Reflecting the diversity and vibrancy of southeast Seattle, the pool of candidates to represent City Council District 2 are all across the political spectrum.
The best choice can be found left of center in Mark Solomon, a crime-prevention coordinator for the Seattle Police Department. A third-generation Beacon Hill resident, Solomon served in the Air Force, retiring as a lieutenant colonel, and was president of a security consultancy he helped found in 2001.
Compared to other District 2 candidates, Solomon is less overtly political but has more professional experience. That’s just what’s needed on a dysfunctional council that’s become a sandbox for special interests, prioritizing their political narrative and policy experiments over the concerns of ordinary residents who just want the city to be healthy, safe and well run.
Solomon has a nuanced understanding of District 2’s residents and the city’s challenges with transportation, affordability, crime and supporting homeless residents. He’s particularly well suited to help oversee the city’s growing community-policing program and efforts to reduce gun violence. Solomon would also be a strong advocate for small businesses, which are being displaced by higher rents, and oversight of city spending.
This is a tough race with passionate candidates. Candidates on the far left and far right of the field lead fundraising. On the left is community organizer Tammy Morales, whose positions generally mirror those of the current wrong-headed council: spend more on housing and services for the homeless population with barely a nod to spending accountability, seek new “progressive” tax revenues and generally support treatment rather than jail for repeat criminal offenders. A vote for Morales is a vote for the City Hall political establishment.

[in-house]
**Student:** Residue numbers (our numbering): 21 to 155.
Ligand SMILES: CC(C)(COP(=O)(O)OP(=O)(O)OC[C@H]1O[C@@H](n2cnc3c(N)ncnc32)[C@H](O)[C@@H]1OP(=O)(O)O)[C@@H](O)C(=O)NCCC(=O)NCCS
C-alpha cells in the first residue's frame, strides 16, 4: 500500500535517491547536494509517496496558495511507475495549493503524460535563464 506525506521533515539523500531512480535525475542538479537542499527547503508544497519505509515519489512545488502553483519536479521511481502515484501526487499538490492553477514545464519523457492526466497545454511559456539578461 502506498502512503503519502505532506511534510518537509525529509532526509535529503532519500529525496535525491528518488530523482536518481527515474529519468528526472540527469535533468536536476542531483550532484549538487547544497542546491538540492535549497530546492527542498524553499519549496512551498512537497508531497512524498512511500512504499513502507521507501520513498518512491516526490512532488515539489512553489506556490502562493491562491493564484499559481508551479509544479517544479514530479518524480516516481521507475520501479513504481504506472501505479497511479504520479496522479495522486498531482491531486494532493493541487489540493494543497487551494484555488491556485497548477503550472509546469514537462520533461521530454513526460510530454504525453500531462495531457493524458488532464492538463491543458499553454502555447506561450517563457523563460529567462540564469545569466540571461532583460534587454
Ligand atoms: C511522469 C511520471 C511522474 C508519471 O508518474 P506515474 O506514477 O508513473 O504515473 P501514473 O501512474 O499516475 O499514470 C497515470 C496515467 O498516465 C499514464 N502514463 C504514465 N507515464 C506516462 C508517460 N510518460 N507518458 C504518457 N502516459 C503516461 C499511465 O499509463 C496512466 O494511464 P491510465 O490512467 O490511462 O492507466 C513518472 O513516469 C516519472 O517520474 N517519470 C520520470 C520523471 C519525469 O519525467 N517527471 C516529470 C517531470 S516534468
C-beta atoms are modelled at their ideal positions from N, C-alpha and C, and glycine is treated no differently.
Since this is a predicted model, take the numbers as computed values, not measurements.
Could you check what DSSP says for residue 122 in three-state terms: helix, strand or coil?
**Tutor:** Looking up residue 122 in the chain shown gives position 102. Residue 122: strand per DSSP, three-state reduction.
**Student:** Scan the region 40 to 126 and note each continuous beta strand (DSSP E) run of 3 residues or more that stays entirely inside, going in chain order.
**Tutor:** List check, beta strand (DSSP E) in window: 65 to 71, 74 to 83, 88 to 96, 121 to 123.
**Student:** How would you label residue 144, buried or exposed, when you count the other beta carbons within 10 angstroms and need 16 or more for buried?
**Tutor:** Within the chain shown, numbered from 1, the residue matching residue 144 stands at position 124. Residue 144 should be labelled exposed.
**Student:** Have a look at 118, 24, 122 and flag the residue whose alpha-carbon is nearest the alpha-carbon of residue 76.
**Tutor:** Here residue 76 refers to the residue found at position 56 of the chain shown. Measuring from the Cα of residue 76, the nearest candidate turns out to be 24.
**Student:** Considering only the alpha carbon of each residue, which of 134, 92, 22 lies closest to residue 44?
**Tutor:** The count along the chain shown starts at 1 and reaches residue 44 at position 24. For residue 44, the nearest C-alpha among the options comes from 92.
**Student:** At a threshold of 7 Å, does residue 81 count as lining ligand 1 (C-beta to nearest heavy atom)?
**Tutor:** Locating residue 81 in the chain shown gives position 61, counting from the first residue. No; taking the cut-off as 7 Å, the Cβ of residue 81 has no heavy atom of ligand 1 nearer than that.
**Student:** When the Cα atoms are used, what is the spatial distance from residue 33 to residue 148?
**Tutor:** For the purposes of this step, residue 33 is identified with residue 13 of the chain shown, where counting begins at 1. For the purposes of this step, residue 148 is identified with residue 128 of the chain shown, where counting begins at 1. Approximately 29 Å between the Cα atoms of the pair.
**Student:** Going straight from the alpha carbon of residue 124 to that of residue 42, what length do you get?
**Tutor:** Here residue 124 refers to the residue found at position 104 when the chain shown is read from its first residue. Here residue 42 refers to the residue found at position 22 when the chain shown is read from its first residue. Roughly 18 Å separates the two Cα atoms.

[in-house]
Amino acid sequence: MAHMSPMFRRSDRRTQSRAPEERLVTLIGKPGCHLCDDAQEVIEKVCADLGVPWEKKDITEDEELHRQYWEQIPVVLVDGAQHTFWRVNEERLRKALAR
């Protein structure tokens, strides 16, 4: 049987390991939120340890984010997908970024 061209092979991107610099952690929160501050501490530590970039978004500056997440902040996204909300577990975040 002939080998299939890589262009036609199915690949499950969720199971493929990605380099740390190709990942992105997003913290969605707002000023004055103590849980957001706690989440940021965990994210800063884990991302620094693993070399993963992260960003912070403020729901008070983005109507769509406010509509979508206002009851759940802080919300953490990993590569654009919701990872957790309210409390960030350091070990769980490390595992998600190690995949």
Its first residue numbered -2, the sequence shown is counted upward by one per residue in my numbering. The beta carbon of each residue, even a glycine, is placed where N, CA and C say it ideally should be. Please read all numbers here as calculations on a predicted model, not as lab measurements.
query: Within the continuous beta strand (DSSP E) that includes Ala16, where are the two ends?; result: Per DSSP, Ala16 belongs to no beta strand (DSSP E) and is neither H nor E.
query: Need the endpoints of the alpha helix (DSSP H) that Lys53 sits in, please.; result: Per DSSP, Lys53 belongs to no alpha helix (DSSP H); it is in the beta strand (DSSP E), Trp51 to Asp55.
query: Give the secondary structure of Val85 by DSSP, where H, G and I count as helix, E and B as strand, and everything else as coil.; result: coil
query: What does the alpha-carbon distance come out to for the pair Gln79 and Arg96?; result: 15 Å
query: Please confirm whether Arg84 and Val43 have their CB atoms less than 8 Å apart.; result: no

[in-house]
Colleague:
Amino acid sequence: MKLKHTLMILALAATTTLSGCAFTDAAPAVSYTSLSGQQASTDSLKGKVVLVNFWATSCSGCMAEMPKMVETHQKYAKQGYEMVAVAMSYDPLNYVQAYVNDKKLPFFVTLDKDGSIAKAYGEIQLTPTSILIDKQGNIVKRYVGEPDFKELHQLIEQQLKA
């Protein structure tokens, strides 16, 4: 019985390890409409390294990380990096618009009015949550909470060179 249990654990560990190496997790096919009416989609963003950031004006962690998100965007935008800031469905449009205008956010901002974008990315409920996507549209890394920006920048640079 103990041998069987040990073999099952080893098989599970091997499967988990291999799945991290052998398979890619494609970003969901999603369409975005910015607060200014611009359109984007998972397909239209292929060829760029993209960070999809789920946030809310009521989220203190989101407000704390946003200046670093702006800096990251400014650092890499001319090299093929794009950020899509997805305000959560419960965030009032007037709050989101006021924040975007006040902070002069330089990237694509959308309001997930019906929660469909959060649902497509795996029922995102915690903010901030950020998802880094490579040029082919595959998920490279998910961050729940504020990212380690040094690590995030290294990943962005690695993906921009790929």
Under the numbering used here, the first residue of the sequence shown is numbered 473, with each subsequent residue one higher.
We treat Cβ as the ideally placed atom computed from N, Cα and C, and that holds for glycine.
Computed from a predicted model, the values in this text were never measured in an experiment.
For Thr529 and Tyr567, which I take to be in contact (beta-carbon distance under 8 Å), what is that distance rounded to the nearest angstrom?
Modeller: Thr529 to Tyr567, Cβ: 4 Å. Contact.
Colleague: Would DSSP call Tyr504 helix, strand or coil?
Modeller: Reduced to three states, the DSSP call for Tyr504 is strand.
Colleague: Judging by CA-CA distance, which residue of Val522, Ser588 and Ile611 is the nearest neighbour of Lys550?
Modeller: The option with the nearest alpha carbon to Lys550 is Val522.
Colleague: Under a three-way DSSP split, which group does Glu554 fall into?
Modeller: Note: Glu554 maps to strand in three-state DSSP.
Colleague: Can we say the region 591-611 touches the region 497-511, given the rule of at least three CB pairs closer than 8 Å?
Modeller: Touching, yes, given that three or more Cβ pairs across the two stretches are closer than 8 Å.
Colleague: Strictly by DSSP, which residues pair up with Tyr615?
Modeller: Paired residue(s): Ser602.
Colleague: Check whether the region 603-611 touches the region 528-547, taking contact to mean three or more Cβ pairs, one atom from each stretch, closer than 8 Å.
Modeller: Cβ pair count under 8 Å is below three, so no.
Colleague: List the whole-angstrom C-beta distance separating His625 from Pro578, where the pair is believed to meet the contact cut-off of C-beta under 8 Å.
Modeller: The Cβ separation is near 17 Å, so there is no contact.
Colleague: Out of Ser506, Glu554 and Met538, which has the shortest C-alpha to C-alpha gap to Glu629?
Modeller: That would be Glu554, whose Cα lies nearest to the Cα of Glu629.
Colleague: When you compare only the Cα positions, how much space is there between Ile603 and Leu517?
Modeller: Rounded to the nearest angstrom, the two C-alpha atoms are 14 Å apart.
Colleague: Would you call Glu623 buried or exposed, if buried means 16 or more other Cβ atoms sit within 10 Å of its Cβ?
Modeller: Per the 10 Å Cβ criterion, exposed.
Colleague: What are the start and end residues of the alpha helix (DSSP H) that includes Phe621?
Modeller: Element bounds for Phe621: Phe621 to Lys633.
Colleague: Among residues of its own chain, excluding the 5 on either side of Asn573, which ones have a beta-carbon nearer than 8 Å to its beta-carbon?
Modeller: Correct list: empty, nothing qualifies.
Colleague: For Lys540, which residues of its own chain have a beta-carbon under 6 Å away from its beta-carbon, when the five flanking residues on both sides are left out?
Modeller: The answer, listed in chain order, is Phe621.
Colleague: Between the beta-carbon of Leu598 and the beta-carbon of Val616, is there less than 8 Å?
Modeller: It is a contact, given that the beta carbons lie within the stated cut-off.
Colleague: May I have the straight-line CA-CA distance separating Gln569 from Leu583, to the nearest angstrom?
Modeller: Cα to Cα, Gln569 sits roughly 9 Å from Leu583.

Morales also wants to make riding the bus free. That sounds nice, but Seattle taxpayers are already tapped out and paying more than most to fund transit, including free or reduced transit passes now available to students, seniors and low-income residents.
On the right is Ari Hoffman, a small-business owner pressing the city to better address criminal behavior. His activism was prompted by the city’s failure to protect a private Jewish cemetery from repeated vandalism and trespassing. Hoffman rightly points out that current leadership is making Seattle more expensive with continual tax increases and undisciplined spending. But Hoffman’s blunt demeanor would likely marginalize him on a council of nine. It’s unclear that he’d be able to build the consensus needed to implement his policy ideas.
Solomon represents a more balanced approach. A union member, he has support from both labor and business groups. Rather than antagonize employers, the city should build partnerships with them to address city needs, he said, noting that Seattle already has multiple business taxes in place.
While Morales wants more apartments throughout neighborhoods, Solomon is concerned about displacement in District 2. Like most every candidate, he wants to see additional housing and believes upzones make sense in some areas, like urban villages and transit hubs, but he wants neighborhoods to be more involved in such decisions.
To better address homelessness, Solomon believes the city should increase funding of case managers, build more publicly funded housing and increase efforts to prevent people from ever becoming homeless in the first place. He also wants better results from the city’s human-services spending.
Seattle needs a City Council that’s less polarizing. That doesn’t mean giving up its progressive, welcoming values or efforts to improve transportation and housing options. But it will require a council with fewer activists marching in sync and more independent, pragmatic problem-solvers.
Solomon is the best choice to represent District 2 on this new council.